SINGAPORE: Initiatives to improve the career prospects for non-degree-holders working in the Public Service are in the pipeline. The Public Service Division (PSD) on Tuesday (Aug 26) announced in a news release that Management Support Officers who perform well – including non-graduates – can expect faster career progression. More graduate and non-graduate schemes will also be merged, so officers can progress on the same career track.


From October, Management Support Officers who are deemed ready to take on larger responsibilities can expect to receive their first promotion in two to four years, compared to the current three to six years. If they continue to do well, their subsequent promotions will also be faster.

The present system already allows Management Support Officers with the required capabilities to take on similar jobs as graduates, with comparable salaries.


Most non-graduates in the civil service (Singapore’s largest employer, with nearly 140,000 officers) are currently hired under the Management Support Scheme. Most graduates, however, join the Public Service under the Management Executive Scheme. PSD is currently studying the merging of the Management Executive Scheme and the Management Support Scheme, so that officers are able to progress on the same career track.

Single career schemes have already been introduced in several public agencies, such as the People’s Association, the Inland Revenue Authority of Singapore, and the Home Team Specialist Scheme. In these agencies, graduates and graduates enter at different points of their respective schemes and progress in the same career scheme based on their performance.

Mr Sim See Choon, for example, joined IRAS as a polytechnic graduate in the year 2000. Since then, he has been promoted five times and is now a manager with a team of tax officers under him.

He says he never felt the invisible barrier of a salary ceiling, or stalled career progression, thanks to bosses who walk the talk. “We don’t feel like we are held back to contribute in whatever way we can. I think that’s the most important thing,” said Mr Sim. “No matter how good the structure is, if the organisation, the management, don’t lead in that sense, you don’t have the buy-in. But because of the way the management has interacted with every single staff member, it really gives us the confidence that it really doesn’t matter what type of paper qualification you have. It’s about how much effort you put in and how much you are prepared to contribute.”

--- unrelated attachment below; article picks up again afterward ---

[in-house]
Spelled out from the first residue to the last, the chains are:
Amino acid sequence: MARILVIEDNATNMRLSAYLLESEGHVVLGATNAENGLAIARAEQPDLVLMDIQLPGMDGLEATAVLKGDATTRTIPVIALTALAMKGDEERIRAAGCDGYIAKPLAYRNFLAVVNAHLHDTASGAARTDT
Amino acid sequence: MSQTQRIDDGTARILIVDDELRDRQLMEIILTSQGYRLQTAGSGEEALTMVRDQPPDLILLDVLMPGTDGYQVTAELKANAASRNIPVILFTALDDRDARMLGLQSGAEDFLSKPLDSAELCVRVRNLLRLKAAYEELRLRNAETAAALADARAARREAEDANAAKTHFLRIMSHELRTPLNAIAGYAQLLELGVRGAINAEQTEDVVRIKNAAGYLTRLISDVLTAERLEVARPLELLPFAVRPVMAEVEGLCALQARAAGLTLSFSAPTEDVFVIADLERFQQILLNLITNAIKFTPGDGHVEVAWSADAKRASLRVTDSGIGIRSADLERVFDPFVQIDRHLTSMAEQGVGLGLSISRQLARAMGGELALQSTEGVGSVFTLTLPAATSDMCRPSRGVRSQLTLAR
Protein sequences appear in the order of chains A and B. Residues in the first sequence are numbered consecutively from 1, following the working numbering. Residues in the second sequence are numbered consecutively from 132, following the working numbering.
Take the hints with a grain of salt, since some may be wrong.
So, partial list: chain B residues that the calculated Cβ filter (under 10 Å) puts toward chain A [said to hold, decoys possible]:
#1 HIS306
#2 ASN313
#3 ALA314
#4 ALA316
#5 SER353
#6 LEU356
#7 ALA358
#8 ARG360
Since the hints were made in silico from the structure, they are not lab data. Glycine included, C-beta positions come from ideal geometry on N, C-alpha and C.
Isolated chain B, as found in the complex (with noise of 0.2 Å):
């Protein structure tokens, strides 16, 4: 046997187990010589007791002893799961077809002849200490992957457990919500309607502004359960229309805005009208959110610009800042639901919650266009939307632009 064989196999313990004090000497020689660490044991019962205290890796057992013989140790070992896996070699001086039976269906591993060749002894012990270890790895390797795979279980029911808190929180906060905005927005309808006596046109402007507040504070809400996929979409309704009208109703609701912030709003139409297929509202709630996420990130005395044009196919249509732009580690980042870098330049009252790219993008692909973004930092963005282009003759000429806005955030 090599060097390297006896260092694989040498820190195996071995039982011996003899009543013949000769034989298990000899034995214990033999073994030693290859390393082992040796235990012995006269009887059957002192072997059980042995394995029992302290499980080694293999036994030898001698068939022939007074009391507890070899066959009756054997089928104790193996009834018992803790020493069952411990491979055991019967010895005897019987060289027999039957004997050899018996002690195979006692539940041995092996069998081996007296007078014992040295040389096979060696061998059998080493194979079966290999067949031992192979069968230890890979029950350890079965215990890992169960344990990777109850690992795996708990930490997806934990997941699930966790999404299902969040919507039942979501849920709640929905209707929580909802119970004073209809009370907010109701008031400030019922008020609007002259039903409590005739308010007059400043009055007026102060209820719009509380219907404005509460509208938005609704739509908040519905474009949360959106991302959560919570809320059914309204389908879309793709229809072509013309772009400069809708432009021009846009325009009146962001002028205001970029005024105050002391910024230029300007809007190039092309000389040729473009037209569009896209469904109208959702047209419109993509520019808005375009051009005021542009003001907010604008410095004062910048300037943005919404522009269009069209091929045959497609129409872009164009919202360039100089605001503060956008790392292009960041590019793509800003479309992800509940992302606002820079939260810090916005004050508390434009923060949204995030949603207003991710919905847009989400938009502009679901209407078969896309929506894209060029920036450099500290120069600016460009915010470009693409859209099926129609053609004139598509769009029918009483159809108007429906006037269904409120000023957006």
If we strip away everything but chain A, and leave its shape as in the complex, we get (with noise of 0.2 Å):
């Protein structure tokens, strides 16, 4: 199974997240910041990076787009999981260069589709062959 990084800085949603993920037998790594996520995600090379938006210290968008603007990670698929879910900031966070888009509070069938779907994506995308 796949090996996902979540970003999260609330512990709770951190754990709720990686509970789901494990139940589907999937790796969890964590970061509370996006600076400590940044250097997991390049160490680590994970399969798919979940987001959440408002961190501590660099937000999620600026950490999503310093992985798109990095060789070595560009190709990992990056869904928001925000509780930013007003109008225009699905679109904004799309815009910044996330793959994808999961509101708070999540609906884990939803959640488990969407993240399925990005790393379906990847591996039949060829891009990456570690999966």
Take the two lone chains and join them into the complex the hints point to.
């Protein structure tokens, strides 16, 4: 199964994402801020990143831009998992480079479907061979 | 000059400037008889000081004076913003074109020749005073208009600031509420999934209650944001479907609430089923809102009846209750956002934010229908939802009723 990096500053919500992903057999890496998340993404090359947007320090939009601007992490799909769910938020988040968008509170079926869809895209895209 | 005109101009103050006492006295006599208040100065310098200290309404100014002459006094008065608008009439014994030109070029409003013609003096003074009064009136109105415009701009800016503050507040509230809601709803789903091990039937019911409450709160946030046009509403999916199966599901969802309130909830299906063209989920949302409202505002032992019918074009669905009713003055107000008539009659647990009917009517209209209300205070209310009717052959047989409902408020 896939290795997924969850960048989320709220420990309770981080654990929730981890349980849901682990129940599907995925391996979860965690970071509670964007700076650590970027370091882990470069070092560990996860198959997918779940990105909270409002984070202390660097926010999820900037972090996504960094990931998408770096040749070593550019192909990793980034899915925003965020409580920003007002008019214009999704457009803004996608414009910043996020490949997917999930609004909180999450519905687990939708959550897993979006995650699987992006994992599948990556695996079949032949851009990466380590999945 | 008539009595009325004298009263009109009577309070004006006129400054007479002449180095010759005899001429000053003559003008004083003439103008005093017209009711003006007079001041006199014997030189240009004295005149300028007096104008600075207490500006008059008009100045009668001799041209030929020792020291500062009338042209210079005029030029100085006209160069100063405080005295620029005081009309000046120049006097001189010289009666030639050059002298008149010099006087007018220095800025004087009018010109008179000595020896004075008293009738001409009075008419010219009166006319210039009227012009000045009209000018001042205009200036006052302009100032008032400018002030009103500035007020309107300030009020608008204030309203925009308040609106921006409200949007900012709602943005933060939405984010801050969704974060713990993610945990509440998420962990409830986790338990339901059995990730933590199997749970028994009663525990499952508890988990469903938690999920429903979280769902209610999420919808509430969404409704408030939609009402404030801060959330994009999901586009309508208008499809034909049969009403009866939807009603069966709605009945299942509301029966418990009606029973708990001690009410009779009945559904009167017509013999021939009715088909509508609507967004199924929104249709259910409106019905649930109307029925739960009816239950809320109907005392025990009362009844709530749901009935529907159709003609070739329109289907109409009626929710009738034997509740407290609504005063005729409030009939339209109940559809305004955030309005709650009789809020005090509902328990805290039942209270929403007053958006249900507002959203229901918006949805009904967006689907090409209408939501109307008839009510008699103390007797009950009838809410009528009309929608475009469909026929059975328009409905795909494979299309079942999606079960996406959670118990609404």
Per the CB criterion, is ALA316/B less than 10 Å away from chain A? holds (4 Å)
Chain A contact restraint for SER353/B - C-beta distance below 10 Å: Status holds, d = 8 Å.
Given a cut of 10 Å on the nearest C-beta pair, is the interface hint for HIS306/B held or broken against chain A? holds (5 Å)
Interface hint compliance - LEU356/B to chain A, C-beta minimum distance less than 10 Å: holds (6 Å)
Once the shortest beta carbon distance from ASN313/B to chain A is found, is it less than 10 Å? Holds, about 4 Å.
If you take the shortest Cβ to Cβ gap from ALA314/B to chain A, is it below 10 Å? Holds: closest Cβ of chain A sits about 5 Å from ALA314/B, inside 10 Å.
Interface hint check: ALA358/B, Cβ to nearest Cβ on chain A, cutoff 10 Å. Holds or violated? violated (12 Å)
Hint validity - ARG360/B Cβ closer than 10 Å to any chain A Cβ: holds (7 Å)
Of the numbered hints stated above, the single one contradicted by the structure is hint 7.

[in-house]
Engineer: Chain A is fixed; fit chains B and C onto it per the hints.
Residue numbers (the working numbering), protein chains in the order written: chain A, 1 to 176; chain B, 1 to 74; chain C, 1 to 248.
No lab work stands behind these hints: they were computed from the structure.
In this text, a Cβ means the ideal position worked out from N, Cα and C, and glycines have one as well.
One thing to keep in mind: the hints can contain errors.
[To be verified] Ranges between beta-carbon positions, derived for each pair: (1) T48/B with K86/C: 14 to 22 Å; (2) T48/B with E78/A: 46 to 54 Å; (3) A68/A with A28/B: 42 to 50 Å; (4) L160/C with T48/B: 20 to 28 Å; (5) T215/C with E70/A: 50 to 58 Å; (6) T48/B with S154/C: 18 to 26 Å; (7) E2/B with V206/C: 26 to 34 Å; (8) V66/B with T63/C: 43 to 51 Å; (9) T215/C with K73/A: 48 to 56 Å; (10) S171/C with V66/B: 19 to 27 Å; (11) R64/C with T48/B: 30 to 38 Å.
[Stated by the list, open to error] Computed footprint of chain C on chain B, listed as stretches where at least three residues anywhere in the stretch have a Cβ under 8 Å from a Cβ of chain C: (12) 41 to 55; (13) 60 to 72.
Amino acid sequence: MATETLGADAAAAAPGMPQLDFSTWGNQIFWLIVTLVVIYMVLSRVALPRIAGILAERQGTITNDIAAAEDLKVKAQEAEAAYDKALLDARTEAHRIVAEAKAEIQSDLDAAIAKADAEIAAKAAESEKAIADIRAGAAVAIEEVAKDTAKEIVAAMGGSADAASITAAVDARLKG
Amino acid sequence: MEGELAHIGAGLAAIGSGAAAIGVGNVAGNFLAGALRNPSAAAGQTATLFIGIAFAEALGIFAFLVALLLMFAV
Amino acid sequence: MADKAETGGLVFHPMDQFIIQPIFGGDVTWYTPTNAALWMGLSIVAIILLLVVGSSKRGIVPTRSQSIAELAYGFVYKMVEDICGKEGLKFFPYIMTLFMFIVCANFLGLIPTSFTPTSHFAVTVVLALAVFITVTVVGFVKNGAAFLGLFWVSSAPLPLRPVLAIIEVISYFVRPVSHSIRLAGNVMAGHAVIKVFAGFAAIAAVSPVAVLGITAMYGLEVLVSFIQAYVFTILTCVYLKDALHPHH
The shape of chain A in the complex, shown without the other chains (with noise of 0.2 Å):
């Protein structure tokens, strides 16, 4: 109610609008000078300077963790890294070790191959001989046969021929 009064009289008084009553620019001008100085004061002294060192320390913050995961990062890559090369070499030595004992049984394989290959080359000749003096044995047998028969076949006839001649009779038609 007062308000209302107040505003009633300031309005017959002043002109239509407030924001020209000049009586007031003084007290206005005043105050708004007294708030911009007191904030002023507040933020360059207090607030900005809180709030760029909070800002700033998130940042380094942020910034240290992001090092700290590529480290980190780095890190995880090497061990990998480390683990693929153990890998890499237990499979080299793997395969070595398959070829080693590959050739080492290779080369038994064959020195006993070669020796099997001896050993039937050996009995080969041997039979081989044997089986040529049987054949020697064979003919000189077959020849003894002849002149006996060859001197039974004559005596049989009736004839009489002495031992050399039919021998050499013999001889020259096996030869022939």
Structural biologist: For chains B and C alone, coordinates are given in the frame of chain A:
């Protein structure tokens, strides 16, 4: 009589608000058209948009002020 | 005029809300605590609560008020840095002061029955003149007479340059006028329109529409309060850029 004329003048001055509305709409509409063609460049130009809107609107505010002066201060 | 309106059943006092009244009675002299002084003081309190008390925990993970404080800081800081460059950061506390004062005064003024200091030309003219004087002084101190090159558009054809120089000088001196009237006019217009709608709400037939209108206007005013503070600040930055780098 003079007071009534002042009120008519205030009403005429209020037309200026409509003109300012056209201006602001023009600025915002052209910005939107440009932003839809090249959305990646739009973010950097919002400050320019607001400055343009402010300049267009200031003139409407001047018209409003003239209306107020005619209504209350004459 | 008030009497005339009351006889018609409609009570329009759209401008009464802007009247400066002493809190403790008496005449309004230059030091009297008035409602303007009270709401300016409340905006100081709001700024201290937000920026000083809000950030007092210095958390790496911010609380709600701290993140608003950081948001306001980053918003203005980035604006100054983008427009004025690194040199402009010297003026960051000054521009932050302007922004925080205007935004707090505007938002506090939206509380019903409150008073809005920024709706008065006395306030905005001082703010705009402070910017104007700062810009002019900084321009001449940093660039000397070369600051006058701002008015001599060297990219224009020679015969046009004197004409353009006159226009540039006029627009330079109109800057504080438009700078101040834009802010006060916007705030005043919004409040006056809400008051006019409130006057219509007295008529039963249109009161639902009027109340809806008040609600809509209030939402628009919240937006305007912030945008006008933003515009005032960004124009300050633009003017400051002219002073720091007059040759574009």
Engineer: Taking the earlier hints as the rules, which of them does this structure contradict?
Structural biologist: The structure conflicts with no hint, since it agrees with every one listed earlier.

IRAS started its Single Scheme of Service in 2005, allowing graduates and non-graduates to be given equal opportunities to move up the career ladder, on the same pay scale. In Mr Sim’s case, he was placed on a structured training programme to deepen his knowledge of the various tax structures, enabling his progress within the organisation.

This system of skills progression is something the Public Service Division wants to see across all public sector agencies. National water agency PUB is currently developing a single engineering career path that will enable diploma-holders and ITE graduates to eventually take on more engineering or managerial responsibilities.

Other ways to support the development of good officers include giving them opportunities to manage projects and teams, and to further their education and training, said Mr James Wong, Deputy Secretary for Policy at the Public Service Division in the Prime Minister’s Office.

“While fresh graduate and non-graduate officers are appointed at different starting salaries, it is their job performance and relevant skills that determine their career progression. As long as an officer does his work well and shows the potential to take on larger responsibilities, he will move up the ranks whether or not he is a graduate,” Mr Wong said.

“Graduates and non-graduates can now progress at similar rates, based on their level of performance and potential.”

The PSD announcement comes a day after the Applied Study in Polytechnics and ITE Review (ASPIRE) Committee released 10 recommendations to boost career progression for polytechnic and Institute of Technical Education (ITE) students. Prime Minister Lee Hsien Loong had also said in his National Day Rally speech on Aug 17 that the civil service will do more to support the aspirations of non-graduates.

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